10 Essential YouTube Channels for Movie Lovers and Aspiring Filmmakers

While we may love the platform for its fun cat compilations and seemingly endless collection of music videos, YouTube’s accessibility as an educational tool is an incredibly underrated and underutilized aspect of the platform. This is especially true for budding young filmmakers trying to hone their craft and avid moviegoers looking to learn more about the movies they love.

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The thing is, YouTube is full of movie production channels designed by their creators to help viewers get the most out of the movies they watch and put their learnings into practice on their own work. From the writer’s bedroom to the editing room, these channels are essential for anyone obsessed with movies and looking for inspiration to make their own.


Filmmaker IQ


This brilliant resource for inexperienced filmmakers is the ultimate back-to-basics guide for those whose eyes begin to sting with even the smell of a textbook. With dedicated camera, lens and audio playlists in addition to its content based on the direction of the most popular film, Filmmaker IQ has a huge range of videos that are not only educational but also a lot of fun to watch.

Its beginner’s guides go far beyond on-set lessons, with the channel also featuring videos on how to get your short film screened at festivals and how to figure out what equipment is best for you. They’ve also produced a ton of content for Hollywood enthusiasts, from histories of some of the industry’s biggest studios to analysis videos on how key elements and philosophies of filmmaking have evolved over the years. over the decades.

Now you see it


Take a magnifying glass to many of our favorite movies, Now you see it analyzes vital elements of famous films to which audiences react only subconsciously. Highlighting the importance of subtext and hidden meanings in visual storytelling, the channel covered a wide range of topics across many genres.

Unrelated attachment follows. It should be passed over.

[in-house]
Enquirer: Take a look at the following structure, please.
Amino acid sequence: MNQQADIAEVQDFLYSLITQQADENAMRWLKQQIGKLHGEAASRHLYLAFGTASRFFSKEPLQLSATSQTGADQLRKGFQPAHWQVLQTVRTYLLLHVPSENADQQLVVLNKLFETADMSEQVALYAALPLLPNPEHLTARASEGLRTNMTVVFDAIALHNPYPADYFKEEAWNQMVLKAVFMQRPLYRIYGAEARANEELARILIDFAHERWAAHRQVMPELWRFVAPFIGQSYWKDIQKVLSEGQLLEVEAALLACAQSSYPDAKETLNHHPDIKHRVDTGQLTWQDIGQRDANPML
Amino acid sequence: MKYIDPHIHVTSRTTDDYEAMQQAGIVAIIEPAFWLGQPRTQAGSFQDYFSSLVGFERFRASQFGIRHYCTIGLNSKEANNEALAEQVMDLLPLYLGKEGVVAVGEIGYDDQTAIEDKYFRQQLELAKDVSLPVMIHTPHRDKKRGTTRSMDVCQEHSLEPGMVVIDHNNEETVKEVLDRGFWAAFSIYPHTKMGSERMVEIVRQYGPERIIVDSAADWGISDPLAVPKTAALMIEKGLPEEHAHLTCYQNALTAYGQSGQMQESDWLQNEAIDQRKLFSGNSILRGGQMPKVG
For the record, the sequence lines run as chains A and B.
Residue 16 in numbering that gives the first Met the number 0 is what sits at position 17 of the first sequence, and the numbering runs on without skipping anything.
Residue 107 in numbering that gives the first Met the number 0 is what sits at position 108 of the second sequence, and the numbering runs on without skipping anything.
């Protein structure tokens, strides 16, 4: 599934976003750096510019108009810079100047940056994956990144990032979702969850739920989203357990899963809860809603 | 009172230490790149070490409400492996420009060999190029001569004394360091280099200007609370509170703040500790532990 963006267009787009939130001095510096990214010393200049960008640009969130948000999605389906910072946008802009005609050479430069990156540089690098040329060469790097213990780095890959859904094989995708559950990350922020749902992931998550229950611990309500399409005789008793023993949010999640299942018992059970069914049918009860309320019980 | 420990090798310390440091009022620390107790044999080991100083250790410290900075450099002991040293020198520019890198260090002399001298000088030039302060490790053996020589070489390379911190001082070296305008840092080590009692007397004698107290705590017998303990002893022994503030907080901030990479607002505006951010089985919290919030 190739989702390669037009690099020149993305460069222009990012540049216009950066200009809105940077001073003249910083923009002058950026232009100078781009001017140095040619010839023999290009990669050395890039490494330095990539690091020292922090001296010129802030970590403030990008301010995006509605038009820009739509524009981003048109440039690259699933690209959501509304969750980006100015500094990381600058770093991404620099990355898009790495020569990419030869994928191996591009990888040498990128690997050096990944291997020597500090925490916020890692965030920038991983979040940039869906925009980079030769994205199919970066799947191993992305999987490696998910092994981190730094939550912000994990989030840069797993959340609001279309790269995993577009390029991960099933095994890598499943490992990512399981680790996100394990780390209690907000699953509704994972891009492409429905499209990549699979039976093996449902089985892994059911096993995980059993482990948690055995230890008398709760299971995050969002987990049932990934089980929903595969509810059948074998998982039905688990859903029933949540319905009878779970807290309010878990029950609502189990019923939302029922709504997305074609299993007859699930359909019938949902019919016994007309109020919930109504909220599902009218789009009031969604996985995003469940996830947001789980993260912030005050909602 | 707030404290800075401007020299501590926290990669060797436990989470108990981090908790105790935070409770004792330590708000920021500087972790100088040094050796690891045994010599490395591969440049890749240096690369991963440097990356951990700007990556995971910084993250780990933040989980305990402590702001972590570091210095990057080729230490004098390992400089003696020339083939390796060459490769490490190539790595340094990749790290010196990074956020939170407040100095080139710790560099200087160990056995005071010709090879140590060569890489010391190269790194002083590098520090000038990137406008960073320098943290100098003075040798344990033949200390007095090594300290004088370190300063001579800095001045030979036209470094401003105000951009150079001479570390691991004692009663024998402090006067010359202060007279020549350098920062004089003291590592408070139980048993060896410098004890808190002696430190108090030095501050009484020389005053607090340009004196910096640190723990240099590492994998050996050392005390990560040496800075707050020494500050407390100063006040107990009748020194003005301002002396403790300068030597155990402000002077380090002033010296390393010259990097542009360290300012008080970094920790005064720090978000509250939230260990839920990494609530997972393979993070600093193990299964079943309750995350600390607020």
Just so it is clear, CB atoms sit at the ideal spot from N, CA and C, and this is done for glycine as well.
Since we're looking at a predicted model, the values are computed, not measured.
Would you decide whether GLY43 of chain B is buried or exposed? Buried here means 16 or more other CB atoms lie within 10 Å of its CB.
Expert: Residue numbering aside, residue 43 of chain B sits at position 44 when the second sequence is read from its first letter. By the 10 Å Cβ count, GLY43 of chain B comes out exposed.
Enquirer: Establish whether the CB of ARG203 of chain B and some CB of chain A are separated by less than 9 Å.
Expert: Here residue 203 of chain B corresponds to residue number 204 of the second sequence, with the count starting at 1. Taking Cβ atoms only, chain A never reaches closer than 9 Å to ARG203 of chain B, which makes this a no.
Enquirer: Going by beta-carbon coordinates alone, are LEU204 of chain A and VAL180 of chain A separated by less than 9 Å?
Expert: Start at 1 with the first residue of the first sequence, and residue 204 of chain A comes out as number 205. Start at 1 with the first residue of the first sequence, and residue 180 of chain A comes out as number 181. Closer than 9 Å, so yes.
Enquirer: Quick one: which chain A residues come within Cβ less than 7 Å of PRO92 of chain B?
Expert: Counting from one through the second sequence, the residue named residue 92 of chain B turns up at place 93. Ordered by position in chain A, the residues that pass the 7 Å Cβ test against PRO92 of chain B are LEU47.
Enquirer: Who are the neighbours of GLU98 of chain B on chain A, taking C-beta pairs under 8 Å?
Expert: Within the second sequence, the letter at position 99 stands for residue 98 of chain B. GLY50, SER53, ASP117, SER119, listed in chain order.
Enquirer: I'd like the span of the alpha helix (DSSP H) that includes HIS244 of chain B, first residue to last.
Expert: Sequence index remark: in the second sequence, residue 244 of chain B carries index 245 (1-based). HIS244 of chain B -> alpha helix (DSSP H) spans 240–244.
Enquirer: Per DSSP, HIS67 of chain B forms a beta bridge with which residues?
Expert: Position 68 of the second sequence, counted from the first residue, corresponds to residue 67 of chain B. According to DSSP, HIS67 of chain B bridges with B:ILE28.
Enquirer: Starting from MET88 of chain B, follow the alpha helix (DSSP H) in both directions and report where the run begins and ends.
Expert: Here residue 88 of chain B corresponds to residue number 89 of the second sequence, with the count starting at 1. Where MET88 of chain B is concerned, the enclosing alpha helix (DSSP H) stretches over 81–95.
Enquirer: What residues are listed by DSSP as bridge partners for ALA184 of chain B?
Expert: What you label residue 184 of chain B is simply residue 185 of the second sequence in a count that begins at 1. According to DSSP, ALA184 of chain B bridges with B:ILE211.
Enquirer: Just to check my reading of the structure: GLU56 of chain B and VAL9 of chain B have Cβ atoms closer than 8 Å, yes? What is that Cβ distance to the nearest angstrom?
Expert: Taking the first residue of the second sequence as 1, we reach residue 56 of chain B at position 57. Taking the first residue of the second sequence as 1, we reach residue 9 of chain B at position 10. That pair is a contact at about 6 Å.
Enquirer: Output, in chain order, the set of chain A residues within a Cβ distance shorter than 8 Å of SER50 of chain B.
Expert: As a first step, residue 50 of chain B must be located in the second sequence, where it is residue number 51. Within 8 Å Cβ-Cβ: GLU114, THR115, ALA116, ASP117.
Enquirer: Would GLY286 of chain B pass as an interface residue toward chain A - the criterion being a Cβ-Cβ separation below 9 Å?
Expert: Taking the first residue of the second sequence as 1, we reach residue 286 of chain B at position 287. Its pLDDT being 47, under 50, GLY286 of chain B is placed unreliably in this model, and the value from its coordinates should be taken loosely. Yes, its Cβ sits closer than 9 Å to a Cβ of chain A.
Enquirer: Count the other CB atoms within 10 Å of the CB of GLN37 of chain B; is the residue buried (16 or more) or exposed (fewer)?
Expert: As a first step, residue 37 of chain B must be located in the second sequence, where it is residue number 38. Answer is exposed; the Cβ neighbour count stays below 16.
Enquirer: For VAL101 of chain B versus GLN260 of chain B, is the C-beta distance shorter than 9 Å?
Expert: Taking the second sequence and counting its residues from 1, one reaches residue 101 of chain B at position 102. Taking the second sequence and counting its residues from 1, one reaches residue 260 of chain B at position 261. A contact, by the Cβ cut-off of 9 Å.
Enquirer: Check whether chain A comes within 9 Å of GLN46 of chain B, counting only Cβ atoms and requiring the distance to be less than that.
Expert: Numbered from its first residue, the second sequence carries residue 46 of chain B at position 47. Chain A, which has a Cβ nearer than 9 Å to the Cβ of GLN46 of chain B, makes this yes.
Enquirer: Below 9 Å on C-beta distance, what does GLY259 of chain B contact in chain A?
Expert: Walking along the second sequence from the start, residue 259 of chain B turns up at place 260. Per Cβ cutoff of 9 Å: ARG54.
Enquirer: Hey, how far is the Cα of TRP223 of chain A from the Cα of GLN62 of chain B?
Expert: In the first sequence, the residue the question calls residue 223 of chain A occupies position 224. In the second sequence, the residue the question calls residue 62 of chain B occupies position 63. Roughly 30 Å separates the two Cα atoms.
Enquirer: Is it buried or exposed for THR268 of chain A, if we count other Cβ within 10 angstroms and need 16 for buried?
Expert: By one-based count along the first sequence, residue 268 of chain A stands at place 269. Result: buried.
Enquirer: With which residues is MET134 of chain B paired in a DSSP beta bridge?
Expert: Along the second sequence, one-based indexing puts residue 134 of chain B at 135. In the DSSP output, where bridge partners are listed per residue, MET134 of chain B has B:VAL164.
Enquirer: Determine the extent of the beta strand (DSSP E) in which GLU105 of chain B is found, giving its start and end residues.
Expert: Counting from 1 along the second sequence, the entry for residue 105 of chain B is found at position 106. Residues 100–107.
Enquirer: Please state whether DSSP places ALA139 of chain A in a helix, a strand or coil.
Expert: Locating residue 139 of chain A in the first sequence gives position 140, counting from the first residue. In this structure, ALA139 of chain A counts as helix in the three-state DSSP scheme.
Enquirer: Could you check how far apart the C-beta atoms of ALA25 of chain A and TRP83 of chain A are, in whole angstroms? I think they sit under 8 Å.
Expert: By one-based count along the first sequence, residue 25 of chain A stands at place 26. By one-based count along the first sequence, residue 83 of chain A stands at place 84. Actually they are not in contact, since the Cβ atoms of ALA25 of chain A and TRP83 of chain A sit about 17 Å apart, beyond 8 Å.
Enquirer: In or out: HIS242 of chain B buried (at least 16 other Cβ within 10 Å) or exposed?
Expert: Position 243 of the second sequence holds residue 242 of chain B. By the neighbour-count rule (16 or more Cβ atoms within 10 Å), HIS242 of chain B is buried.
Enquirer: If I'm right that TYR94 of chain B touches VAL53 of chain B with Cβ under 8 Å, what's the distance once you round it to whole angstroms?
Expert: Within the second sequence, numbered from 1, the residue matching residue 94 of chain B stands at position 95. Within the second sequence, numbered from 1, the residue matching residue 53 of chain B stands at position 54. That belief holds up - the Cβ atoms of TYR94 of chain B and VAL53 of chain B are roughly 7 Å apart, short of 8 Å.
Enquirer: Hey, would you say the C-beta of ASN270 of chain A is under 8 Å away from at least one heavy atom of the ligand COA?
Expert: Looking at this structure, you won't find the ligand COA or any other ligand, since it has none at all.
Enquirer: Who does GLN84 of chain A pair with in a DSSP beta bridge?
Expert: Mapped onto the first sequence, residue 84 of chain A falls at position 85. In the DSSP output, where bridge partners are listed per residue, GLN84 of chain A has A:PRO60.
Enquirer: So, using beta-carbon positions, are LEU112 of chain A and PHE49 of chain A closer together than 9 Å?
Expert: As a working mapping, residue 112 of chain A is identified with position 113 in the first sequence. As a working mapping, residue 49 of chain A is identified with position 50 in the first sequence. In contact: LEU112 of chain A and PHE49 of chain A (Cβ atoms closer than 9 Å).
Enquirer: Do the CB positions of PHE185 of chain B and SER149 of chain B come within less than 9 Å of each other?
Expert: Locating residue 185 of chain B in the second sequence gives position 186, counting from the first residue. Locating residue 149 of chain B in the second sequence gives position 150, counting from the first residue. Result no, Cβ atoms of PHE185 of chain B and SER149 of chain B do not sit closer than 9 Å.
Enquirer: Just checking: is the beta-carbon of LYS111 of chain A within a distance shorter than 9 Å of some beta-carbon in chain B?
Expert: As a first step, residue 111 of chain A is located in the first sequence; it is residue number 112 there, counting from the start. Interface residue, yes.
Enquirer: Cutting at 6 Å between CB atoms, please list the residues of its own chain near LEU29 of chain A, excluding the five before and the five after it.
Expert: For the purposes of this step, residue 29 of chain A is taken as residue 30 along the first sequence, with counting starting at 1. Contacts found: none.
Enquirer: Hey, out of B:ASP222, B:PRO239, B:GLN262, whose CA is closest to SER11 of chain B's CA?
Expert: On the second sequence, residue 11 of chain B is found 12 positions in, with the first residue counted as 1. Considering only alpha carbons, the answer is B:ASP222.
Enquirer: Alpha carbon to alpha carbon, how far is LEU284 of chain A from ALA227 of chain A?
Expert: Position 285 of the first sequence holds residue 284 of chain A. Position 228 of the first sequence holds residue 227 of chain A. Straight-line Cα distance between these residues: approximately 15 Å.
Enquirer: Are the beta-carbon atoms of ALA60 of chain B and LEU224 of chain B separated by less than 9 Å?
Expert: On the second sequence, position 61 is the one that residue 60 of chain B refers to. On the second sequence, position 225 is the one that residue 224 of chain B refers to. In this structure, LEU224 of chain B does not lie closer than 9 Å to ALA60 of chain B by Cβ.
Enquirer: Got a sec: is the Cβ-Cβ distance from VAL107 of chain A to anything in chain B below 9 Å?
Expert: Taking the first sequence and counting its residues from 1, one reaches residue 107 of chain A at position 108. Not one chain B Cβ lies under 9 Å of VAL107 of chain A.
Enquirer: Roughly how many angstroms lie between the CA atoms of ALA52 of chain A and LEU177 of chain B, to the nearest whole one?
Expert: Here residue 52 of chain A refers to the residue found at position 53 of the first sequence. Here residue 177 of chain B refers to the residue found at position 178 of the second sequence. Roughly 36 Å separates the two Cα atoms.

The channel offers analysis videos on everything from costume design to what makes a movie scary, and it even has an impressive lineup of “how to” videos covering plot twists, fourth wall breaks , movie endings, and more. Whether you’re a movie buff wanting to learn more about your favorite films or someone who harbors hopes of carving out a career in the industry, Now you see it has hours of content sure to enlighten and entertain you.

This guy edits


The aptly named channel of the working film editor Sven Pope, This guy edits is one of the best video editing channels that YouTube has to offer. As an ACE (American Cinema Editors) Award nominee who has worked for some of Hollywood’s biggest names, Pape brings a wealth of industry knowledge to his videos that are informative, engaging and encouraging.

The channel offers everything from tips and tricks – on the technical and creative elements – to an in-depth analysis of how some of Hollywood’s top filmmakers approach the editing process. A great resource for editors of any skill level, it covers all the basics of film editing and offers solutions to many common problems editors face.

The Indie Film Hustle


A channel dedicated to helping budding filmmakers break into the industry, The Indie Film Hustle is packed with informative content that captivates and inspires. Their “The Directors Series” remains their most popular content, a series of video essays that explore how some of the most iconic works of Hollywood’s top filmmakers have unfolded from the filmmaker’s perspective.

However, the channel also includes extended interviews with major Hollywood personalities, from A-list actors and legendary directors to screenwriters and producers who have worked in the industry for years. Their website, indiefilmhustle.com, offers hours of awesome content for moviegoers and aspiring practitioners of all skill levels.

DSLR guide


A spectacular channel for independent filmmakers and aspiring videographers, DSLR guide may have started out as just a gear review channel, but it has grown into much more than that. With a focus on how to make your low-budget or no-budget movie look better, it covers everything from basic concepts on the technical aspects of moviemaking to “how-to” videos covering topics such as shooting live music.